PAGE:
INTERVIEW

“They don’t do names, do Rogue Dog Consuela, Jack Paradise, Metro Smidgens or Earl Samuel Dust. In fact, Dusty Shears, Diego Consuales, Francis Dudley Dance and Nokacokova refuse even to acknowledge that their band is called Late Of The Pier, despite the notice on their dressing room wall. “It’s Late Off Pier,” says, erm, one […]

“They don’t do names, do Rogue Dog Consuela, Jack Paradise, Metro Smidgens or Earl Samuel Dust. In fact, Dusty Shears, Diego Consuales, Francis Dudley Dance and Nokacokova refuse even to acknowledge that their band is called Late Of The Pier, despite the notice on their dressing room wall.

“It’s Late Off Pier,” says, erm, one of them, when I mention it. “There’s no ‘the’ – that’s just a typo,” he insists. “Why does anyone care about names, anyway?”

Well, for a band comprised of two Sams, an Andrew and a Ross, such a penchant for nomenclature is quite telling. But actually, what’s clearer is that they don’t want anyone to care. In fact, if there’s one thing that Late Of (The) Pier don’t do, it’s hype. There’s barely anything about them on the web and they’re slippery with concrete facts. Not since The Beta Band publicly rubbished their own debut record has a group of such precocious, off-beat and ludicrously talented youngsters played themselves down so much.

“The thing is, the hype’s never true,” laments singer Dust/Shears. “If journalists tell the truth about us then okay, but they always go over the top.” Over the top? Well then maybe I take back the “ludicrously talented” bit. Either way, in front of me sit four 20-year-olds with a bright future.

Formed three years ago on the Leicestershire hills outside Castle Donington, LotP could be the modern-day missing link between the angular post-punk of Magazine and the androgynous new romanticism of Human League. They inhabit a new territory beloved of the post-MySpace generation, where stuff is simply good, or not. And LotP are good – speedy, futuristic, frenetic, slightly reckless and, with a stage show incorporating matching sequined jumpsuits and masks, not entirely of this world.

However, being good in this band is a serious business, achieved more through labour than ardour. “Even if you’re doing something tongue-in-cheek, it still has to be done seriously,” explains bass-player Smidgens/Dance. “You have to work at it so it comes across exactly right, otherwise there’s no point.” Such a workmanlike attitude from a 20-year-old mouth is a pretty incongruous sight, but LotP have serious intent, and appear hell-bent on working hard.

“Parlophone signed us because they thought we had a future,” Dance continues, “and we intend to make use of our long-term deal.” Just as he’s sounding like a businessman, Shears cuts across. “Basically, we want to have a slow, steady rise with a really impressive body of work behind us in ten years.”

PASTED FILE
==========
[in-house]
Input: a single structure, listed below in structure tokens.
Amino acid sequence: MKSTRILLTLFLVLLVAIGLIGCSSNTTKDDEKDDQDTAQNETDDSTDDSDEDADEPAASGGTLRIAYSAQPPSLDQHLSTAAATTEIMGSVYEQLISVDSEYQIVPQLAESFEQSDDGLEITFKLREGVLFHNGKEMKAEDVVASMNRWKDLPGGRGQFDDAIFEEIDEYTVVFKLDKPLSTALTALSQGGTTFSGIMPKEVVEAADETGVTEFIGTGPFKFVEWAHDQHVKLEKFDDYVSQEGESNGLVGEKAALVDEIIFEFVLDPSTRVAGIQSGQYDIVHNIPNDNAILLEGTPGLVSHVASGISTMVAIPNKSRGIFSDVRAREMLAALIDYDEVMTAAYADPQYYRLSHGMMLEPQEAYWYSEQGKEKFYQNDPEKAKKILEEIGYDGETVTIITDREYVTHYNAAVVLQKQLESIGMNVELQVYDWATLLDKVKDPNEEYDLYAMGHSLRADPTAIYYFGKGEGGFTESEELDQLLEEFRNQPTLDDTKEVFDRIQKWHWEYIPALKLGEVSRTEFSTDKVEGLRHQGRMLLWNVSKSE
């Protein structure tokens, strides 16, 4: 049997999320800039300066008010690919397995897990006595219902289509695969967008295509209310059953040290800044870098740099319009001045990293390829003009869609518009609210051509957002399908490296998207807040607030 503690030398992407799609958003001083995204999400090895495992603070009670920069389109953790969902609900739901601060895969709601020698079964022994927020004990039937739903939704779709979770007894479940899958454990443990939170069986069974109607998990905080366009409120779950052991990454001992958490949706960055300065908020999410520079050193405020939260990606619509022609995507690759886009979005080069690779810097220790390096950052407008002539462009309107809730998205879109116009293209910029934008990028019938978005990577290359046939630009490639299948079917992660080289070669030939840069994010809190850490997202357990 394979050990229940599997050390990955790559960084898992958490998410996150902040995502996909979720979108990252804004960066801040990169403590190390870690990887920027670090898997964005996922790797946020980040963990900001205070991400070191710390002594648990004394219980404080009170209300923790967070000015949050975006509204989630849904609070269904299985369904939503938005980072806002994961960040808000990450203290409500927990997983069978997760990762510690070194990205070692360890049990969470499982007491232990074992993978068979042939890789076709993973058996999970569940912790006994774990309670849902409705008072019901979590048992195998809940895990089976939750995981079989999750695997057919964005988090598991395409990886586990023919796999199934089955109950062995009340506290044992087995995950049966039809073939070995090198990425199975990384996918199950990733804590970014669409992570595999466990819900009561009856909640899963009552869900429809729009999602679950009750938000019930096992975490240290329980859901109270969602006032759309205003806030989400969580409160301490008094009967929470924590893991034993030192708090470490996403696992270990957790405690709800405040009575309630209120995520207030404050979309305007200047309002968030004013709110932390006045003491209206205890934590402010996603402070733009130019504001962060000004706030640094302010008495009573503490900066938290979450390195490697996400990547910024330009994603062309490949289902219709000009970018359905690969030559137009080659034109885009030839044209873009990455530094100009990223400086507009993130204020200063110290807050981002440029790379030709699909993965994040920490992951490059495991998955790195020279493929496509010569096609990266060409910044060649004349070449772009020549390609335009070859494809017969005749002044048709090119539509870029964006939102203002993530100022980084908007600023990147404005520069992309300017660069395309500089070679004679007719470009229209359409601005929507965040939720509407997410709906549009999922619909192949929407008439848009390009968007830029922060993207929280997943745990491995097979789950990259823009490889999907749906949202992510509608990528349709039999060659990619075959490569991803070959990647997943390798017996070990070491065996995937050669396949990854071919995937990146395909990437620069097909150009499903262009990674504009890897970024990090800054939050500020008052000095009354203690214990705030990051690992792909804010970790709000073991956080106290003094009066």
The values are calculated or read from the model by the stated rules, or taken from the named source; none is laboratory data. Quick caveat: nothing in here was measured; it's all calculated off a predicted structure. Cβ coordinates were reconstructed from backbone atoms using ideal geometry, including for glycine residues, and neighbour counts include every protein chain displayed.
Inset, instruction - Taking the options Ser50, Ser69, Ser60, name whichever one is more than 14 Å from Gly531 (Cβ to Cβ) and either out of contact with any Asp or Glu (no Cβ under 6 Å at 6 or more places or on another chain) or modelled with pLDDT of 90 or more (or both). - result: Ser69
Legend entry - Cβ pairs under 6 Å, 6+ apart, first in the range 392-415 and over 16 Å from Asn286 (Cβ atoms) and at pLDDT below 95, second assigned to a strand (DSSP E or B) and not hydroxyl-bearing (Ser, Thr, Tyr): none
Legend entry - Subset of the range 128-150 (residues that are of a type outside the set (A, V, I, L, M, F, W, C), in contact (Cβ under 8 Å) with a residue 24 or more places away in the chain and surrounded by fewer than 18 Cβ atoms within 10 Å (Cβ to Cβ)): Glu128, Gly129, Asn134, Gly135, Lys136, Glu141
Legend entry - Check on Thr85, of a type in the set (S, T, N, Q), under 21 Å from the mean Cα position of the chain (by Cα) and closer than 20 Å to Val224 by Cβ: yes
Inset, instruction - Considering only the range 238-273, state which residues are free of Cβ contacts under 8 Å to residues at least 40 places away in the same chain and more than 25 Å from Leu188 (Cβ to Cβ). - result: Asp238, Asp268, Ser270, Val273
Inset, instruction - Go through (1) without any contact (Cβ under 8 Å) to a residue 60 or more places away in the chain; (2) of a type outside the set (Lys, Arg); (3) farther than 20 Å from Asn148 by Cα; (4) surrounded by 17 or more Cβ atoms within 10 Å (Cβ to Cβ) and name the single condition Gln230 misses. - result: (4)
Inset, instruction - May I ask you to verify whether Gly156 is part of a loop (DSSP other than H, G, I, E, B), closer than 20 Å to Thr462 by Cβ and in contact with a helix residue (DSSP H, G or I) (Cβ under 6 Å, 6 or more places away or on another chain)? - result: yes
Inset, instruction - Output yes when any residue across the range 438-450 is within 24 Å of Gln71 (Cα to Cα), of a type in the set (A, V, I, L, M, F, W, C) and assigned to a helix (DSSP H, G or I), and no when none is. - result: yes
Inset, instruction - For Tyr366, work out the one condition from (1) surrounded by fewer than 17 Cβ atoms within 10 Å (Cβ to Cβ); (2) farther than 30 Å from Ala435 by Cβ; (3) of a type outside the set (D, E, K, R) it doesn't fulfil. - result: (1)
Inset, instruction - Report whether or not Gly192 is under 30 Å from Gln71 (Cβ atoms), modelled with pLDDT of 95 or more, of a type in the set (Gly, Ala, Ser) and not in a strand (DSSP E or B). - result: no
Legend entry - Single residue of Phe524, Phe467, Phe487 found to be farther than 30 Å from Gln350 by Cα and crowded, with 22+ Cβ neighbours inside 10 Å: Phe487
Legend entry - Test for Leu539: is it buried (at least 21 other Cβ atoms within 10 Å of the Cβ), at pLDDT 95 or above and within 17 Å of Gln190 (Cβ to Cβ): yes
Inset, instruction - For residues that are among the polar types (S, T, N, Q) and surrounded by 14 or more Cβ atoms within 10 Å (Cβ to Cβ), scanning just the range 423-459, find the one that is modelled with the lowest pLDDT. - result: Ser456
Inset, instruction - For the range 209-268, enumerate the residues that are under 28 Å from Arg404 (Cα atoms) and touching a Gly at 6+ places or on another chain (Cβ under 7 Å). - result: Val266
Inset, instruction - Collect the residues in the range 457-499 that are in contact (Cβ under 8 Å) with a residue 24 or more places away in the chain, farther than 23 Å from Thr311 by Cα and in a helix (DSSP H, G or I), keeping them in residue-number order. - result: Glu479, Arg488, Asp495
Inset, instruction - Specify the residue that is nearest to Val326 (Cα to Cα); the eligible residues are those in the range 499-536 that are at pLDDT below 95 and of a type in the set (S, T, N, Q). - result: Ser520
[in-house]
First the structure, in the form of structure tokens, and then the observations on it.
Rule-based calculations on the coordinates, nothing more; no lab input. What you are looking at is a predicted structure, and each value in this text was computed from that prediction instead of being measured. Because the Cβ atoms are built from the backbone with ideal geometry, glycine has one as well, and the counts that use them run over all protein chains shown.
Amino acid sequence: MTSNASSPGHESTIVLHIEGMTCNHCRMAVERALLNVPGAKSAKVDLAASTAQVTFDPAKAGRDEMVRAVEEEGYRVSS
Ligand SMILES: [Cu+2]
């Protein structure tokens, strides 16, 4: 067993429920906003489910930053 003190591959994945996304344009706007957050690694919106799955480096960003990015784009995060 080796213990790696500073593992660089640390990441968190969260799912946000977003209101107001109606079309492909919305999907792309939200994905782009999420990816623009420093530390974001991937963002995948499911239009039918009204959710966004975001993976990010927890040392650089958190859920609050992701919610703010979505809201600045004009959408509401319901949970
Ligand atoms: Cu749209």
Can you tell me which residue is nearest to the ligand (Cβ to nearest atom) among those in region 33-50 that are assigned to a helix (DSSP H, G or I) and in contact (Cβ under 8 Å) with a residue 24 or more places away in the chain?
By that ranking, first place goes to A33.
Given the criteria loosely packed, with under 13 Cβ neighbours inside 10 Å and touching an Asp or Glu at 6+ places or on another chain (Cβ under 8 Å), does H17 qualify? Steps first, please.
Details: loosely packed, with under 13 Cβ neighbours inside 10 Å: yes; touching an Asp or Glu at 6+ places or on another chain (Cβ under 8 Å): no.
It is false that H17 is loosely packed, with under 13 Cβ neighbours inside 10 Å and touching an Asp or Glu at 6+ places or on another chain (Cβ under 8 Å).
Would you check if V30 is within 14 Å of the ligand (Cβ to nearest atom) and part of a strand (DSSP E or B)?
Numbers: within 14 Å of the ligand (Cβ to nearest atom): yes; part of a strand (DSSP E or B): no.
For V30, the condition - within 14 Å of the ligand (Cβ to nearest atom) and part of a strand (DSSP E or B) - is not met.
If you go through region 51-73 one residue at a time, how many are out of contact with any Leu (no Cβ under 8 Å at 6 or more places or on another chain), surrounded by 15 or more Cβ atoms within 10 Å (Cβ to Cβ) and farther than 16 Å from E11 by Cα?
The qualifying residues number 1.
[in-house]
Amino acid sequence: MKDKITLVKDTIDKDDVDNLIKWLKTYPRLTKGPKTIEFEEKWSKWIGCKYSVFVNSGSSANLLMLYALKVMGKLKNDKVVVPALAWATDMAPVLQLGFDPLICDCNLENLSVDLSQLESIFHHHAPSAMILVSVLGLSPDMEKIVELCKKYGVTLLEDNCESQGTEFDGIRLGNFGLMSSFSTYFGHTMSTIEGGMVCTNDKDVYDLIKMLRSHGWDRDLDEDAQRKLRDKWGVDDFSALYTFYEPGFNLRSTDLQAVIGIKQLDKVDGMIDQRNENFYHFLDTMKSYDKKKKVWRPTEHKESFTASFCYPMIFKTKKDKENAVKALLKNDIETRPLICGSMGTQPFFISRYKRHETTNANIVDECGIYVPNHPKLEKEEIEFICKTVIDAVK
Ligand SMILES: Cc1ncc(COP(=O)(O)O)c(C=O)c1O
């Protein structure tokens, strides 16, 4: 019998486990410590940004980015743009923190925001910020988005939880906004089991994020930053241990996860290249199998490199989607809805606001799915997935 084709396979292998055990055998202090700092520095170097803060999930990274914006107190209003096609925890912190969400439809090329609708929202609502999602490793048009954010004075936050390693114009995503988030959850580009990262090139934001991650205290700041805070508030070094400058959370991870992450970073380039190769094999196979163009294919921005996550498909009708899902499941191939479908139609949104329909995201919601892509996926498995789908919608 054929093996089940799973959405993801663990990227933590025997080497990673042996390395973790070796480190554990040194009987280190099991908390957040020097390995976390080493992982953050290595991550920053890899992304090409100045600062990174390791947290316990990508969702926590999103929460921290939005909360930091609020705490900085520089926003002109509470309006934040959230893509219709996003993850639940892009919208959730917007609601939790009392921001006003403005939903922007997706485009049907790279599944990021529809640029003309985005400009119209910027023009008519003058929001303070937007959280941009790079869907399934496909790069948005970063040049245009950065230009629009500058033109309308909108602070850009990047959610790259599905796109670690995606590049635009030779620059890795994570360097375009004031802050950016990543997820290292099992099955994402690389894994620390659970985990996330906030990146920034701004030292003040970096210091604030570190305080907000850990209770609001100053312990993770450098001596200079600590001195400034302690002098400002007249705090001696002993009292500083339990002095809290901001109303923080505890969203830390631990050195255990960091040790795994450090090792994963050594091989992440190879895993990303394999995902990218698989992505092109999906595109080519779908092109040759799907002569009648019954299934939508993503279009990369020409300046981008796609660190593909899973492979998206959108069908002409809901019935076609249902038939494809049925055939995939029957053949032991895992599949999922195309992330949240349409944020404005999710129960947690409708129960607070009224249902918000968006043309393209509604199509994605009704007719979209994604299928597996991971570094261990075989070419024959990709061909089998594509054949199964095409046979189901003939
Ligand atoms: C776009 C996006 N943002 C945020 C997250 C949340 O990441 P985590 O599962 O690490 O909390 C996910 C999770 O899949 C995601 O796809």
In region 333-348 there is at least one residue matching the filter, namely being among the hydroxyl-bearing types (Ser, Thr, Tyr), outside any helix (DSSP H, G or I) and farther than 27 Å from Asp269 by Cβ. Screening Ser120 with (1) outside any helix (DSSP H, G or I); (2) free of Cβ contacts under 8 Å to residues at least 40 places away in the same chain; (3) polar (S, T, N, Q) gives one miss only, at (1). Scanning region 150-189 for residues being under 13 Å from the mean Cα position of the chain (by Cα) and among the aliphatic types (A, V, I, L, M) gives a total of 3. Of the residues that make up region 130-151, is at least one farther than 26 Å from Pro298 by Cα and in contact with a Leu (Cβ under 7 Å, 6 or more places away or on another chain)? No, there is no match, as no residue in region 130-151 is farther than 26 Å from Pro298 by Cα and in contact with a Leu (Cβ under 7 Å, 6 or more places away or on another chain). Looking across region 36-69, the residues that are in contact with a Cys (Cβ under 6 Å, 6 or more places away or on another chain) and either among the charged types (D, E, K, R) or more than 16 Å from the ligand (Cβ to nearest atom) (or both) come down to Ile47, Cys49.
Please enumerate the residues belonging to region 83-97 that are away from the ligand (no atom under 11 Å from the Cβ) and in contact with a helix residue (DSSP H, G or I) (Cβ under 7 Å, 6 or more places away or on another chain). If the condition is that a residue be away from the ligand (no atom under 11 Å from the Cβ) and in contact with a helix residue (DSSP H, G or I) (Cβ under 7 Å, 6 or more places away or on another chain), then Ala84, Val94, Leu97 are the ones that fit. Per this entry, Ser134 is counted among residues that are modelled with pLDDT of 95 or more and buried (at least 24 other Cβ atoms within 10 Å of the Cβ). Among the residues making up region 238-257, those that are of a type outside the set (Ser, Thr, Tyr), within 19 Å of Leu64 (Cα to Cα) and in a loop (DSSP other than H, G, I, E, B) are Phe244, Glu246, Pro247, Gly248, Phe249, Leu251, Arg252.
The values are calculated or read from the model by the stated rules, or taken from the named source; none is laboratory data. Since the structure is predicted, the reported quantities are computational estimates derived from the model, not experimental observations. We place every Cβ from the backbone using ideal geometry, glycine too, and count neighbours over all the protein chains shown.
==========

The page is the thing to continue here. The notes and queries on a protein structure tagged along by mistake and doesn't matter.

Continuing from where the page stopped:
“Exactly,” interjects keyboardist Paradise. “If you build people’s confidence with a series of really decent tunes, they’ll make them into hit records if you’re patient‚”” and suddenly they’re all competing to see who can be the most level-headed. But there’s something wrong about watching hipster jeans and t-shirts talking like bank managers’ ventriloquist dummies. The down-to-earth schtick is admirable, but doesn’t it ever get a bit, well, boring?

“You mean do we wanna be the next Arctic Monkeys? No fucking way,” insists Eastgage. “We’ve already had ‘this is the best band on earth’ shit, and whenever I read it I’m like, ‘use your words in a bit more of a sensible, measured way, mate. It doesn’t have to be just amazing or crap.'”

And with this, I feel a challenge, so here goes “measured”, for the benefit of the band. While currently quite raw, LotP still have better songs and musicians than many of their peers. You should probably go and see them – they put on an exciting, compelling show – and their records are witty, infectious and worth your money.

But yawn yawn yawn – “measured” isn’t the point here. Being measured about a band like Late Of The Pier damns them with faint praise. What really excites is that when a work ethic like theirs combines with such tangible intelligence, playfulness and musical strangeness, you actually have the beginnings of a band who will leave a real mark on the musical landscape. While 2008 will undoubtedly be a big year for them, don’t be surprised if their peculiar names become household ones a few more years after that.

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